Is US Business Growing Up?
I've been having lots of conversations with C-level clients lately that go something like this: "You know, we really need to take a hard look at how we're operating this business. I'm not sure we're clear enough – or realistic enough – about where we're going and how we're going to get there. And I'm not sure we've got the very best people on the team, or the clean and simple systems and processes we need to get there."
I find it heartening. It doesn't feel fearful; it's not the oh-my-god-the-sky-is-falling-let's-slash-spending stuff I was hearing last fall and winter. And it's not overly conservative – that is, I'm not hearing CEOs say they're going to stop looking for new ways to serve their customers, or to let go of their aspirations.
It simply feels like a more balanced approach: like more senior executives are looking to establish what I'm fond of calling "reasonable aspirations." That is, to create a vision for the future that's realistic and achievable, given where they''re starting from right now. When you create reasonable aspirations, then you can begin to focus on creating reasonable plans for achieving them.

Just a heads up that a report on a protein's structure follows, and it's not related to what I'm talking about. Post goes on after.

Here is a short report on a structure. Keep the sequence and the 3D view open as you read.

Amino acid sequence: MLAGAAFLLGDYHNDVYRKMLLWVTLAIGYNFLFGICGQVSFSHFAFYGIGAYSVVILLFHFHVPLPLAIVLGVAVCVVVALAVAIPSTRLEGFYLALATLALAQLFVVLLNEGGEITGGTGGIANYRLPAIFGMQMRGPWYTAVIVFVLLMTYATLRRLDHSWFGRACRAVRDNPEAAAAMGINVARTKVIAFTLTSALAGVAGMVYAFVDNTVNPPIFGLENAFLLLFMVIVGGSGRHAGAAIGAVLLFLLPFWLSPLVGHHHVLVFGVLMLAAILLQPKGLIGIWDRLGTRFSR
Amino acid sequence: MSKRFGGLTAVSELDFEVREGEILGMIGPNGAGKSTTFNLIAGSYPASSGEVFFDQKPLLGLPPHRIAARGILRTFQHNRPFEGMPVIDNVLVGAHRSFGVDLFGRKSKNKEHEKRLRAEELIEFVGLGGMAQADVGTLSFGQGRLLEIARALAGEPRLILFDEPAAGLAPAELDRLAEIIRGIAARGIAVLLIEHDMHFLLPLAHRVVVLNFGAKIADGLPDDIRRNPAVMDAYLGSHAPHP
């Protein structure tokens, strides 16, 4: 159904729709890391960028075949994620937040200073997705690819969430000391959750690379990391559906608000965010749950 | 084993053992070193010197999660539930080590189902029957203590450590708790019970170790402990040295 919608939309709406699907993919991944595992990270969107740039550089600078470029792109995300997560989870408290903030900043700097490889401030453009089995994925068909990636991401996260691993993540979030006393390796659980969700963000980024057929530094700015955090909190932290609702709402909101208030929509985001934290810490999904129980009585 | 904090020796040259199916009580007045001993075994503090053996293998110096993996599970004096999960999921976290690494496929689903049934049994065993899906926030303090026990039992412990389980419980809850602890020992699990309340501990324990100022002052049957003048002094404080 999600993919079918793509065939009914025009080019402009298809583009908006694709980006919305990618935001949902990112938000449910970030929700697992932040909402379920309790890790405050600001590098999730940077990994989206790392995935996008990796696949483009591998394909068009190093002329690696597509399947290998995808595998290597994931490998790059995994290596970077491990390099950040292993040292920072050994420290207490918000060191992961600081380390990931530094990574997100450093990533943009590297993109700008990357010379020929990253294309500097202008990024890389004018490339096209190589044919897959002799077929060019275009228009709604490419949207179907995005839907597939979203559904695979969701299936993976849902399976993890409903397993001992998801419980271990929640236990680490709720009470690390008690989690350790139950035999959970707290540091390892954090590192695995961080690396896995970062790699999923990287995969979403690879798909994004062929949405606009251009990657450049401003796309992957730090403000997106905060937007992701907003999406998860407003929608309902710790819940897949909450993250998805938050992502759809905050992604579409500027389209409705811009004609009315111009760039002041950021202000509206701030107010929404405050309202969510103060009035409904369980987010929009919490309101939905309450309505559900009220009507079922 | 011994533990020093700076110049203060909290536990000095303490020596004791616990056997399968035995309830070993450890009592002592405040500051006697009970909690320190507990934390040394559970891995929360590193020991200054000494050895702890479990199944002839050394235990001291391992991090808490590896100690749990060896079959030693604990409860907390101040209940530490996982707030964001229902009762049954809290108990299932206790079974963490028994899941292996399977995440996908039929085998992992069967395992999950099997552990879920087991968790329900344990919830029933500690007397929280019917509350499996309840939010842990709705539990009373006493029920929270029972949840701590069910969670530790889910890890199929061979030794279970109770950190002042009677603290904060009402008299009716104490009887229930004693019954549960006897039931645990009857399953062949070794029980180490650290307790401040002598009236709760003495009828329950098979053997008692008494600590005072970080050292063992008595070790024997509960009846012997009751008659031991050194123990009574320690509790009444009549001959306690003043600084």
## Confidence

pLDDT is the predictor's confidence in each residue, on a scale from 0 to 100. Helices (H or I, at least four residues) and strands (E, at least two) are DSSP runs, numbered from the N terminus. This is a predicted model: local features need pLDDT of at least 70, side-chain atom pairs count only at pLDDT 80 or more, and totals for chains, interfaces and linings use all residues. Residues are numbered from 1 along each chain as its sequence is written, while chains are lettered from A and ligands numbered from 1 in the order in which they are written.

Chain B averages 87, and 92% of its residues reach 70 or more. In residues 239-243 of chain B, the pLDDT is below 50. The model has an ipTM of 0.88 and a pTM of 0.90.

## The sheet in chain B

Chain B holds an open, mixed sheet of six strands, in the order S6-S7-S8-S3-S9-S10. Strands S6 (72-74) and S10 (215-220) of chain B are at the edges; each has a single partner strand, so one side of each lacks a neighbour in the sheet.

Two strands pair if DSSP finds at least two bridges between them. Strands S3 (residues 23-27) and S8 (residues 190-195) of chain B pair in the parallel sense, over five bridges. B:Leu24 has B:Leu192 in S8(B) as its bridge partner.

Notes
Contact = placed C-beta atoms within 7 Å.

Perhaps too many US businesses have operated too much like teenagers for the past 20+ years: going for short-term gratification, feeling immortal, thinking that consequences apply only to someone else. And maybe the silver lining of this wild time we're experiencing is that it will get us to finally grow up as a business community — and look to create organizations that are solid, sustainable, responsible to the communities and world in which they operate.
That's what I'm hoping. What do you think?